Ob-gyns want to set the record straight.


Tampons have been on drugstore shelves since the 1930s, and they're the go-to form of period protection for 70% of menstruating women. Considering how long they've been around and how popular they are, you'd think any misconceptions about them would have long been laid to rest.

But rumors and myths persist—when you can and can't wear them, whether one can get lost in your body, and if the organic kind is safer, among other things. Because tampon misinformation like this could pose a threat to your sexual health, we asked ob-gyns to lay out what's legit and what isn't. These 5 myths are among those they hear from their patients.

You can lose a tampon inside of you

If you've ever fished around for that little string and come up empty, then you know how terrifying an MIA tampon can be, as you start to imagine all the places it might have wandered off to. Despite the urban legends, “items cannot be lost inside the vagina,” says Megan Pierce, MD, an ob-gyn at CareMount Medical in New York.

First, your vaginal canal is only about three to five inches long, and there's a limited amount of space in which an errant tampon could hide. The other thing is, your vagina ends at the cervix, and it's impossible for a tampon to get past it. “There’s no connection between the vagina and the abdominal cavity,” adds Dr. Pierce.

So what do you do if you really can’t find it? Don’t freak out. Insert a (clean) finger into your vagina, suggests Dr. Pierce, who adds that "lowering into a squat would help you better feel it or remove it.” If you really can’t reach it, you may have to enlist a partner to help or check in with your ob-gyn. Don't be embarrassed; they remove runaway tampons all the time.

You don't need to change your tampon when you go to the bathroom

Whether you're going number one or number two, It actually is a good idea to make a habit of changing your tampon whenever you hit the toilet. “If the tampon string gets wet from pee, then the string can act as a highway for infections to go up to the vagina and get seeded there,” says Adeeti Gupta, MD, an ob-gyn and founder of Walk In GYN Care in New York City. Fecal bacteria can also get into your vagina and cause an infection as well, as gross as it sounds.

“So, yes, please change your tampon every time you go to the bathroom," says Dr. Gupta. Even if you don’t have to go, change it every three to four hours,” she adds.

You should never wear a tampon overnight

The general rule of thumb is to wear a tampon for no longer than eight hours straight. But if you clock in more snooze time than that, there’s no need to panic, says Dr. Pierce—just remove it as soon as you wake.

“All gynecologists have seen patients come in with a retained tampon that has been in place for days or weeks, and these women are almost always fine,” she adds. “The most common thing that would happen with a tampon being in place for too long would be an overgrowth of normal vaginal bacteria, likely causing discharge or an odor.” So if you get a whiff of something funky, think back—maybe you didn't take your tampon out when you thought you did.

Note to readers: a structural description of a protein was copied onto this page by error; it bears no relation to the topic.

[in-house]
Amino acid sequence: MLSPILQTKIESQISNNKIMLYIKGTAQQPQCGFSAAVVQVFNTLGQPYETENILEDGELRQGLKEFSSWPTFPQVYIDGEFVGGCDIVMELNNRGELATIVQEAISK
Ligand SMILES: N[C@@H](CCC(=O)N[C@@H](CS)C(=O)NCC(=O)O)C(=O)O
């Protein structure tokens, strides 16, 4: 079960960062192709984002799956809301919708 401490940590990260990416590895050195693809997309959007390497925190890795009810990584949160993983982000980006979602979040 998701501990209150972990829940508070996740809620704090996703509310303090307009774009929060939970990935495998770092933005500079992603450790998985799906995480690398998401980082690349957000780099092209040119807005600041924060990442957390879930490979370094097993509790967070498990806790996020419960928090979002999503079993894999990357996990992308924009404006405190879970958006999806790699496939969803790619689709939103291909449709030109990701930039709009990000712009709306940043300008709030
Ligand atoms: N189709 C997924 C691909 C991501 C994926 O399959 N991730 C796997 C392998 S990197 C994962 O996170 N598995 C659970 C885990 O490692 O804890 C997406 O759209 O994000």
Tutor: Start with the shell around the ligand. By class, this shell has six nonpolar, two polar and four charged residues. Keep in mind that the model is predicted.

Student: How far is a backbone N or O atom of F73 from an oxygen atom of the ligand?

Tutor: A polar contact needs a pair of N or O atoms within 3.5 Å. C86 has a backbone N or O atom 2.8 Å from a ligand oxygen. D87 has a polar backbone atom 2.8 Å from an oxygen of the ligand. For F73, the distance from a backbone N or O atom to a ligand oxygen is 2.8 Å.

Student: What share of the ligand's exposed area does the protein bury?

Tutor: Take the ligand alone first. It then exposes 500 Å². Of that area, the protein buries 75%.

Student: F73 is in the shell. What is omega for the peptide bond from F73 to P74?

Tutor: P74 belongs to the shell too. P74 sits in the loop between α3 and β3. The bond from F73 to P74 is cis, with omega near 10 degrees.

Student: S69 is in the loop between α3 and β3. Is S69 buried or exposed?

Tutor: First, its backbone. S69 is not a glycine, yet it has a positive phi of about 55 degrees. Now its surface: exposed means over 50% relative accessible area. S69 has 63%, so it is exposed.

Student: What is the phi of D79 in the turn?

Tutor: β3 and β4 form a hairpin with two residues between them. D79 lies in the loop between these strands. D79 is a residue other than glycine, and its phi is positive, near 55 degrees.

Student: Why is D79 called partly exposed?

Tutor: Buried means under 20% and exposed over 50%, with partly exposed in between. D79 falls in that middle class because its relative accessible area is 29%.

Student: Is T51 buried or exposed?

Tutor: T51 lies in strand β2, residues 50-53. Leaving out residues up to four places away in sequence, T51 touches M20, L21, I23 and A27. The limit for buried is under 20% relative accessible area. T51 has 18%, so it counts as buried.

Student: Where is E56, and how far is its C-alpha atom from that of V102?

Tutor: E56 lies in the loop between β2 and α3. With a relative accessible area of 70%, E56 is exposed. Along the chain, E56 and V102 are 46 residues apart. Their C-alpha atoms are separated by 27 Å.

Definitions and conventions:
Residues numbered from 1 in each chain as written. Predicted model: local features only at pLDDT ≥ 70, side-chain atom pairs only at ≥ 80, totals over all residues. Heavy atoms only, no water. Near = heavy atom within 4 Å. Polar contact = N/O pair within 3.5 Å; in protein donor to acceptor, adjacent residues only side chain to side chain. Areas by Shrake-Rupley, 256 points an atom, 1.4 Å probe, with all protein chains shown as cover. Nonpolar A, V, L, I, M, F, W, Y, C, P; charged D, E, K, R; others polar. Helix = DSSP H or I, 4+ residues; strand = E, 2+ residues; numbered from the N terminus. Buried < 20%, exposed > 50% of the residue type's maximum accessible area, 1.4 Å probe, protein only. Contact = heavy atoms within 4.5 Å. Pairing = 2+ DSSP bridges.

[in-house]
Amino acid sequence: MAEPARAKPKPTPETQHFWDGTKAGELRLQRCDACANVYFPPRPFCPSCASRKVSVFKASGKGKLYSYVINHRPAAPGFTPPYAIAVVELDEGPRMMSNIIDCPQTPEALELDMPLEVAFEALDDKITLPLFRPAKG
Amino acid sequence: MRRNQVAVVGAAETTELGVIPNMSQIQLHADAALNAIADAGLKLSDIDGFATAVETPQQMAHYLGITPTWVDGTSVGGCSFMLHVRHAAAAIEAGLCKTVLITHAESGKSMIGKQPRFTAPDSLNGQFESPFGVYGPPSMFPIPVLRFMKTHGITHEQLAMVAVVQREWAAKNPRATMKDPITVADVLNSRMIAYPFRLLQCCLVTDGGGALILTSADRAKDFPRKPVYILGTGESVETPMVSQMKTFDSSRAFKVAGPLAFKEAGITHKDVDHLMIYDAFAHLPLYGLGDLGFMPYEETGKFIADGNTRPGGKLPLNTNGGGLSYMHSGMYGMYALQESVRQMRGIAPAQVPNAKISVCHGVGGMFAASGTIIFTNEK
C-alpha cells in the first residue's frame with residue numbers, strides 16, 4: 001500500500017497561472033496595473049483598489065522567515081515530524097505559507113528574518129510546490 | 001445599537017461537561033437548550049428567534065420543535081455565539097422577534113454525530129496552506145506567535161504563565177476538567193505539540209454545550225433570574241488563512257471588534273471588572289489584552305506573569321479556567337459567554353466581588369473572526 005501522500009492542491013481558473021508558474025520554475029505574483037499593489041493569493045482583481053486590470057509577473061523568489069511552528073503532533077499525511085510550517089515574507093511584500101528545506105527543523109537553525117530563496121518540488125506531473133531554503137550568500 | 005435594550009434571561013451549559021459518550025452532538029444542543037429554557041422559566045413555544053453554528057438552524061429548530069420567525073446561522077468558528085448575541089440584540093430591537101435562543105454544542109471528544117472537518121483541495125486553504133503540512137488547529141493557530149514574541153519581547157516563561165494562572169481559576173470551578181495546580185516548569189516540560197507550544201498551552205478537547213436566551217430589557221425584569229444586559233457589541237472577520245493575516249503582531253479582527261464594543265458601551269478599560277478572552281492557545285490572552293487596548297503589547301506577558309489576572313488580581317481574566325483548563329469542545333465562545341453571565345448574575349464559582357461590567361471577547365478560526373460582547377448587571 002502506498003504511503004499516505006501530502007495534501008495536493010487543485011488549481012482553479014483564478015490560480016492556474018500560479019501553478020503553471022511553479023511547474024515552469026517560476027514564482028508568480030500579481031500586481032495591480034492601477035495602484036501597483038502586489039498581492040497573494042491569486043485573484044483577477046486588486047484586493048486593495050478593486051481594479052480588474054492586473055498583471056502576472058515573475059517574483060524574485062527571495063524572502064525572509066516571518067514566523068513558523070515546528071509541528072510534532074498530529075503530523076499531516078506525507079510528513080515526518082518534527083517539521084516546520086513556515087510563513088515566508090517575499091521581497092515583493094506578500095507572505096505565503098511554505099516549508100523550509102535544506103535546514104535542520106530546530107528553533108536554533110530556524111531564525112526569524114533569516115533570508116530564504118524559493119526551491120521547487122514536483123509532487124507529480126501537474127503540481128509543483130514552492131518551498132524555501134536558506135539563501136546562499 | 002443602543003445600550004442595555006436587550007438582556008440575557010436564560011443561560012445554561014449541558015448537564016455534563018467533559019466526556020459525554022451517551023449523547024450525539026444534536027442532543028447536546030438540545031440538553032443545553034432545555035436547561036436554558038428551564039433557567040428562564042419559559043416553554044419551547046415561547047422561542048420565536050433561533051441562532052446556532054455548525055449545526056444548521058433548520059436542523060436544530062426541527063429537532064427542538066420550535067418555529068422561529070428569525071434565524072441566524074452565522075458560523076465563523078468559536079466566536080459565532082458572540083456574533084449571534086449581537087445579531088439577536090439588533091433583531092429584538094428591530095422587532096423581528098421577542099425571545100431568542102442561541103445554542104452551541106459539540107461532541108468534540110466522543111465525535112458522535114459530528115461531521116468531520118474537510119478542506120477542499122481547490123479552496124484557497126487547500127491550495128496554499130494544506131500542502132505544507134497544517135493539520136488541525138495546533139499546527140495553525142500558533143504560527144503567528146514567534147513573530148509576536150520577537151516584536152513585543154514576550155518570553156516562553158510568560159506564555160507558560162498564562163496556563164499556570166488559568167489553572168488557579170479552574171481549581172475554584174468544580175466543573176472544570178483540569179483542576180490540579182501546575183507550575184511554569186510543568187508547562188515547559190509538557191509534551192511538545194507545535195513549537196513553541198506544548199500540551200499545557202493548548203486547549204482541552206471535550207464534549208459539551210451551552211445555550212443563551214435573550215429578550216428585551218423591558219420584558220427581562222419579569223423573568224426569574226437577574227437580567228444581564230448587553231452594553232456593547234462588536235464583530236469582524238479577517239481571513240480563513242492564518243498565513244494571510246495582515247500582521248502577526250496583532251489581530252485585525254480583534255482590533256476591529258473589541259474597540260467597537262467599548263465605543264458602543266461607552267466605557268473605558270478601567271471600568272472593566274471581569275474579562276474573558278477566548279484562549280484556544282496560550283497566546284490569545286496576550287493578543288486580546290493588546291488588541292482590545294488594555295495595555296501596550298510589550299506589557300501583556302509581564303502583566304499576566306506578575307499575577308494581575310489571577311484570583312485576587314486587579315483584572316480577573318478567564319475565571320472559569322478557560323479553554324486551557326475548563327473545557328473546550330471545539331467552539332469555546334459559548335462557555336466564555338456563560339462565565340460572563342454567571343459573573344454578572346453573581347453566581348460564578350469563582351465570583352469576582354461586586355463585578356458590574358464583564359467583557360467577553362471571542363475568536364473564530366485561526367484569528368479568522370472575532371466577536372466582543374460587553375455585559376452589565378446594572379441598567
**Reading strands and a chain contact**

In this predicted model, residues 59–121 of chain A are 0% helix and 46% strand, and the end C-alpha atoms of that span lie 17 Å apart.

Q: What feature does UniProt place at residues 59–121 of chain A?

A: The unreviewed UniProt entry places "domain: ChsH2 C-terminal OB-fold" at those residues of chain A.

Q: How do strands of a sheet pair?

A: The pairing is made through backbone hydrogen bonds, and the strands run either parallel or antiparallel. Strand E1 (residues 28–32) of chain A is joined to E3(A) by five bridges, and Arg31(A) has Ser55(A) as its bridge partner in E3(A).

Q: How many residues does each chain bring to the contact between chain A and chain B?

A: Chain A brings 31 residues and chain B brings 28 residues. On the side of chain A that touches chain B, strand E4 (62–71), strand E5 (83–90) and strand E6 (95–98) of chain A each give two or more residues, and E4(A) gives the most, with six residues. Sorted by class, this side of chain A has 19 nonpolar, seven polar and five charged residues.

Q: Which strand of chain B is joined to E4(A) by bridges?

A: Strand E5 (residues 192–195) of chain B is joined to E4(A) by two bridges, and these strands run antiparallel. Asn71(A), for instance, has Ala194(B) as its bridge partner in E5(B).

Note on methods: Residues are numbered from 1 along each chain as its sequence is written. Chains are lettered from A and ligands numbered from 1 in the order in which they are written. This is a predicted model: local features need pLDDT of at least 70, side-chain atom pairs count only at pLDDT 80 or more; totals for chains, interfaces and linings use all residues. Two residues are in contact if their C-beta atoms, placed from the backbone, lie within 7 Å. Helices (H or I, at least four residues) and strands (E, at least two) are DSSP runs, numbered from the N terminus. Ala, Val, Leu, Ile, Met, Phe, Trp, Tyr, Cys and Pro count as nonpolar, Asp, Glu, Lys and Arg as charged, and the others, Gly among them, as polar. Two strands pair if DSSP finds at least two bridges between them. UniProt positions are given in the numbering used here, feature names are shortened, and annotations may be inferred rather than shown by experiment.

Leaving in a tampon too long can land you toxic shock syndrome

Despite what you thought (and were probably taught) in middle school, it’s actually super rare to get toxic shock syndrome (TSS) from wearing a tampon for longer than eight hours. TSS is an infection that occurs when the bacterium Staphylococcus aureus gets into the bloodstream and releases toxins. Yes, it can be a life-threatening, but your risk of contracting it from a tampon is low. “TSS only affects about one in 100,000 individuals per year,” says Dr. Pierce.

Still, TSS does happen—and the real-life stories of women like model Lauren Wasser, who lost both legs to TSS in 2012, can be downright terrifying. Rather than give up tampons, just be mindful of the warning signs, such as a foul-smelling discharge within a few days or weeks of using one, says Dr. Gupta. And if you also notice a rash, fever, pain, or even gastrointestinal symptoms like diarrhea or vomiting, get yourself to a doctor ASAP. Odds are good that something else is causing your distress. But it's better to play it safe.

Organic tampons are safer than the regular kind

Any food or product labeled organic has a health halo around it. But when it comes to tampons, no evidence shows that organic varieties are safer or healthier than the standard kind. The FDA regulates tampons as "medical devices," and a consumer update posted on the FDA website in June states that all tampons, whether organic or non-organic, go through a review process to ensure that they are safe and effective when used as directed.

Still, many women are iffy about using regular tampons. Tampons go inside the body, the thinking goes, so they could be potentially more risky than, say, using a pad. “While there are no documented risks to conventional tampons, many people have concerns,” says Dr. Pierce.

“The vagina is a mucus membrane and could potentially absorb any chemicals used in tampons,” she explains. And because tampon manufacturers are not required to list all of the ingredients/components of the tampon, there may be traces of pesticides or other chemicals in them, she suggests. So if it gives you peace of mind to use organic tampons, there's no harm. Just note that no proof exists that they are safer—and they can still cause TSS, according to research published in the journal Applied and Environmental Microbiology.